Not until five weeks later, as Tillman’s battalion was returning home, did officials inform the public and the Tillman family that he had been killed by his fellow soldiers.

According to testimony, the first investigation was initiated less than 24 hours after Tillman’s death by an officer in the same Ranger battalion. His report, delivered May 4, 2004, determined that soldiers involved in the incident had committed “gross negligence” and should be appropriately disciplined. The officer became a key witness in the subsequent investigation. For reasons that are not clear, the officer’s investigation was taken over by a higher ranking commander. That officer’s findings, delivered the next month, called for less severe discipline.

The parents, protesting that many questions were left unanswered, found a sympathetic ear in McCain, who Mary Tillman later said was greatly admired by her son. Tillman was well known in Arizona because of his success there as a college and pro football player. McCain began to press the Pentagon on the family’s behalf, and a third probe finally was authorized. Its report was delivered in January.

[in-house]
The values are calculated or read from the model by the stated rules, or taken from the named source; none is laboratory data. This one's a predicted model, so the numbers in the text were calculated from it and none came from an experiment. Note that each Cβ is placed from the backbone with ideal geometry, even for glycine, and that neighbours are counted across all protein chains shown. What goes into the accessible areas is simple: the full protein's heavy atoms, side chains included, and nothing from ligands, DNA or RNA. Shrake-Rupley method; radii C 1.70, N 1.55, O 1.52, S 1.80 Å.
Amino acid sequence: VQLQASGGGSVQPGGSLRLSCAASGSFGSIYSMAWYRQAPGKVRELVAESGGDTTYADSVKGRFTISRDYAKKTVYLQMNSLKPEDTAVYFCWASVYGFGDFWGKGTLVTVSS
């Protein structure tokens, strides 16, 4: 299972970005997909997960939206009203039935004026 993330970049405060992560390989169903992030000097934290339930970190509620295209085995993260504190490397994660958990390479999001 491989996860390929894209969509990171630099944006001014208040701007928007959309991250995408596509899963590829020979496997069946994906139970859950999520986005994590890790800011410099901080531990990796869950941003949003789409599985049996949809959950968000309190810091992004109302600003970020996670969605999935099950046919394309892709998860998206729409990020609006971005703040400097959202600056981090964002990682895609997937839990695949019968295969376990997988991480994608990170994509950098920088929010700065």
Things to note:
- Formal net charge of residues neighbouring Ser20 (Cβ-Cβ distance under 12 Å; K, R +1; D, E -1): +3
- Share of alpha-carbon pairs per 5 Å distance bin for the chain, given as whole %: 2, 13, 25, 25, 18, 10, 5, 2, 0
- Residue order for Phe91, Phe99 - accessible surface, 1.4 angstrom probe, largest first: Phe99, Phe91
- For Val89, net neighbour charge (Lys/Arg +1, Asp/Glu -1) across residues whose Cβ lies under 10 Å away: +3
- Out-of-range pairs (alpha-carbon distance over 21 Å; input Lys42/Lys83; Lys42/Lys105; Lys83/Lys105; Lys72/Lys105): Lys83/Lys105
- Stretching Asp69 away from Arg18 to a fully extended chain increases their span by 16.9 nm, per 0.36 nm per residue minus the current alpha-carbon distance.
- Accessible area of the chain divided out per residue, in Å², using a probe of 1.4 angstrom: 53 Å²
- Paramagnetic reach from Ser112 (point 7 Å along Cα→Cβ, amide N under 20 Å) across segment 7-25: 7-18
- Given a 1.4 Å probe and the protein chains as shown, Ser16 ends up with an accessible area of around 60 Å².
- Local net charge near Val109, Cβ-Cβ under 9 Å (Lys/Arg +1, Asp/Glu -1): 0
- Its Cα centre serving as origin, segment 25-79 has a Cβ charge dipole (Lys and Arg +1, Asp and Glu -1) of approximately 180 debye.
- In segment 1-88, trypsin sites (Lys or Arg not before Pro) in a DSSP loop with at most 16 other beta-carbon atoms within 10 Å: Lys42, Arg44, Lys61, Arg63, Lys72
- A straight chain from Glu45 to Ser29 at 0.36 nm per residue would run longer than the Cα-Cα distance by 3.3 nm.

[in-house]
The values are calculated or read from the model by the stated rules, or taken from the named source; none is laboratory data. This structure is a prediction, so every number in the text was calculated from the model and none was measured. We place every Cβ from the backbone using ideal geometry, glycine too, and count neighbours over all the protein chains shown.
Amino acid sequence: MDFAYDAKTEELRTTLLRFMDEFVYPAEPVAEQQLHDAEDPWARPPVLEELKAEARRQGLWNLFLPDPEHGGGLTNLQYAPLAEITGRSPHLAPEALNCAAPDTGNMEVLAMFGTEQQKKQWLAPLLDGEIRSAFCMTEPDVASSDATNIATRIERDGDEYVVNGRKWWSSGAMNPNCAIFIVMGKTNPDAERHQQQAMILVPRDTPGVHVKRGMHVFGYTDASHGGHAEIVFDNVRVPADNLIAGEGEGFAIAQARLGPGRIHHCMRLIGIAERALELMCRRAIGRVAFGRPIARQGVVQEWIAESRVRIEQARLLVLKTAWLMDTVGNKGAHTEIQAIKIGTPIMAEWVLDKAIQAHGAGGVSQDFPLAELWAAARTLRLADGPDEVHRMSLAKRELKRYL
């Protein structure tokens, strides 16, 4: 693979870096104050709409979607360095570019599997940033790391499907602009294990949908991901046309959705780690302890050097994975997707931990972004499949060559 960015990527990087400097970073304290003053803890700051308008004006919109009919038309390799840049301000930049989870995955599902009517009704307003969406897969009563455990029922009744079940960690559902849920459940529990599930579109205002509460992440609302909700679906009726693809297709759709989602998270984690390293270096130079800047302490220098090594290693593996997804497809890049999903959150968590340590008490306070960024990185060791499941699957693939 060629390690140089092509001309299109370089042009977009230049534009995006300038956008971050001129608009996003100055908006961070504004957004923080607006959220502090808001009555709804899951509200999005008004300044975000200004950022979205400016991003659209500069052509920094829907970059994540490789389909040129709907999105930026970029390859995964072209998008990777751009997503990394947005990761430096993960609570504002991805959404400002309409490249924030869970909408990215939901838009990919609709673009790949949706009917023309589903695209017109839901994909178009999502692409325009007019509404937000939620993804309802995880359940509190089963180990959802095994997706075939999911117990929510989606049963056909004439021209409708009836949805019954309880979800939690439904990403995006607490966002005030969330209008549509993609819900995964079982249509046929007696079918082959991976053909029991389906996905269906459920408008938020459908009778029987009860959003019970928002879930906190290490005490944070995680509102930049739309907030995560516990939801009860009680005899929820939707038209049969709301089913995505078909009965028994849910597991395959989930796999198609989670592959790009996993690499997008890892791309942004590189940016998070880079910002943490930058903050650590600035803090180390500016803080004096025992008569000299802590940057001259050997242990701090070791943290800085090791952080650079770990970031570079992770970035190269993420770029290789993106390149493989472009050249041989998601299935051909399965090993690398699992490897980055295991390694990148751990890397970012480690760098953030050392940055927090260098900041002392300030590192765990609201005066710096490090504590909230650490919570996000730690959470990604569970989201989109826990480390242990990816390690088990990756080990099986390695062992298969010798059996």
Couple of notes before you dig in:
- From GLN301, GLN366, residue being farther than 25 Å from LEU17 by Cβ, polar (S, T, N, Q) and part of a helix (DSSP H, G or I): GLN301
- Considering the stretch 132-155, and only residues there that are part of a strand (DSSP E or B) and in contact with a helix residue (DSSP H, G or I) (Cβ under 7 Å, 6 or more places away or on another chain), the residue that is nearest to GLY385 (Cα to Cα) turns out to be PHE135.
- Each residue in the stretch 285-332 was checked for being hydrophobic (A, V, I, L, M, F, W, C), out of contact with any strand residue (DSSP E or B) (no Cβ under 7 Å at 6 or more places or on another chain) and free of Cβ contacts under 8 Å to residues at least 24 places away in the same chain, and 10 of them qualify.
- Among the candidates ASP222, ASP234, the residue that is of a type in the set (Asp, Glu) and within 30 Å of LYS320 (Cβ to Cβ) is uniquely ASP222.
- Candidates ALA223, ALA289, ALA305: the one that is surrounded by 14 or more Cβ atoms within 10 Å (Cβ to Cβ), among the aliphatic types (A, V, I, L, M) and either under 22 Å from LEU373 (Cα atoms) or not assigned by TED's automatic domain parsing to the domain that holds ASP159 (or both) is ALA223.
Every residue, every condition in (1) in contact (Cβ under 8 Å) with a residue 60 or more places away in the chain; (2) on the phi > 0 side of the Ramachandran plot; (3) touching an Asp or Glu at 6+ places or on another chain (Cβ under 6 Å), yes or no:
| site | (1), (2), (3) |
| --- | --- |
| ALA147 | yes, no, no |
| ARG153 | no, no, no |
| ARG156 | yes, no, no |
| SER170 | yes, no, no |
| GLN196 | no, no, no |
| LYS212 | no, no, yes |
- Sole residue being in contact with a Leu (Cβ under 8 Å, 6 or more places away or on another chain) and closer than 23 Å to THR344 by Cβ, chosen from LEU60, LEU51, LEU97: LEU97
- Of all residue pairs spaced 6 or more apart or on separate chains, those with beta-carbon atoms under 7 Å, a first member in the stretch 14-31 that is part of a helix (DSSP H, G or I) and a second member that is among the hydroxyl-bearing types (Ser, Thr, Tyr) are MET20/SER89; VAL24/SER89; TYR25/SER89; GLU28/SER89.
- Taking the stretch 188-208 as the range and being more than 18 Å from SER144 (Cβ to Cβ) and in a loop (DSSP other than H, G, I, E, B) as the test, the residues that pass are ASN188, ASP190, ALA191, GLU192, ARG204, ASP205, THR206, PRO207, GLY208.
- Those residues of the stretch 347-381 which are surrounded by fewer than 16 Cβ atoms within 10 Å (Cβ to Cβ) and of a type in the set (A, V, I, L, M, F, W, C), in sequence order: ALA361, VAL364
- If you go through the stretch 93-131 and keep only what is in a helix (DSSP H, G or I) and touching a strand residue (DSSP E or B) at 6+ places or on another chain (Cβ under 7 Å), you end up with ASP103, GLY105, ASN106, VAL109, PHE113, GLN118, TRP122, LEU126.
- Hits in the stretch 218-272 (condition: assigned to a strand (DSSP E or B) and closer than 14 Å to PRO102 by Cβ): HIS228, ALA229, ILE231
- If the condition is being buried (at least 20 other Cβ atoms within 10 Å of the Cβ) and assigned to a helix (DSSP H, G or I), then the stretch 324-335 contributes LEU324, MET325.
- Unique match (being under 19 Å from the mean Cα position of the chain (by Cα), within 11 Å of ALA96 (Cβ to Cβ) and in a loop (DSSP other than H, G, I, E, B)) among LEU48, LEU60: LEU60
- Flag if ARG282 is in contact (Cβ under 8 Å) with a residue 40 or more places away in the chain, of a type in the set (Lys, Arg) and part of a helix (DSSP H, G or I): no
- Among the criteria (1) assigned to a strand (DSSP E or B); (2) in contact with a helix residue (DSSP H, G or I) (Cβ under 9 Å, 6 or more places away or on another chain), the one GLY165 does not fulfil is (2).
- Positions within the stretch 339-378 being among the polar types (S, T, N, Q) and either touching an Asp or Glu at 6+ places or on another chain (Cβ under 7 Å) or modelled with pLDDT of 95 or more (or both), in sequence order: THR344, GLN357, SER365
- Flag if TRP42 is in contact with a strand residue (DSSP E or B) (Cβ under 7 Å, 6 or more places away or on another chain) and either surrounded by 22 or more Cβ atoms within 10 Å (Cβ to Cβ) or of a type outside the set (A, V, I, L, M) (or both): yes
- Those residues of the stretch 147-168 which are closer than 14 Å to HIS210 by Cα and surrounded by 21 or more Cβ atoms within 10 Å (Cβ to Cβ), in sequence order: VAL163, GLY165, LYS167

The military is saying little publicly about the Tillman case. Most Army personnel who were involved in the Tillman incident or the investigations declined to comment publicly when contacted by The Chronicle. The inspector general’s press office also declined to comment, saying only that the new probe is openended.

Yeah. "Openended". Translation: we need more time to get our story straight, and finish redacting the incriminating documents.

This is disgusting. Not only did they knowingly cover up the circumstances of Tillman's death, but Bush and the Pentagon -- with full knowledge of this, we should assume -- went ahead and used him as a prop for their stupid little misadventure in Iraq. The fact that Tillman specifically wanted Afghanistan, and considered Iraq a diversion form the real mission, just seals it.

Mary Tillman said a friend of Pat’s even arranged a private meeting with Chomsky, the antiwar author, to take place after his return from Afghanistan — a meeting prevented by his death. She said that although he supported the Afghan war, believing it justified by the Sept. 11 attacks, “Pat was very critical of the whole Iraq war.”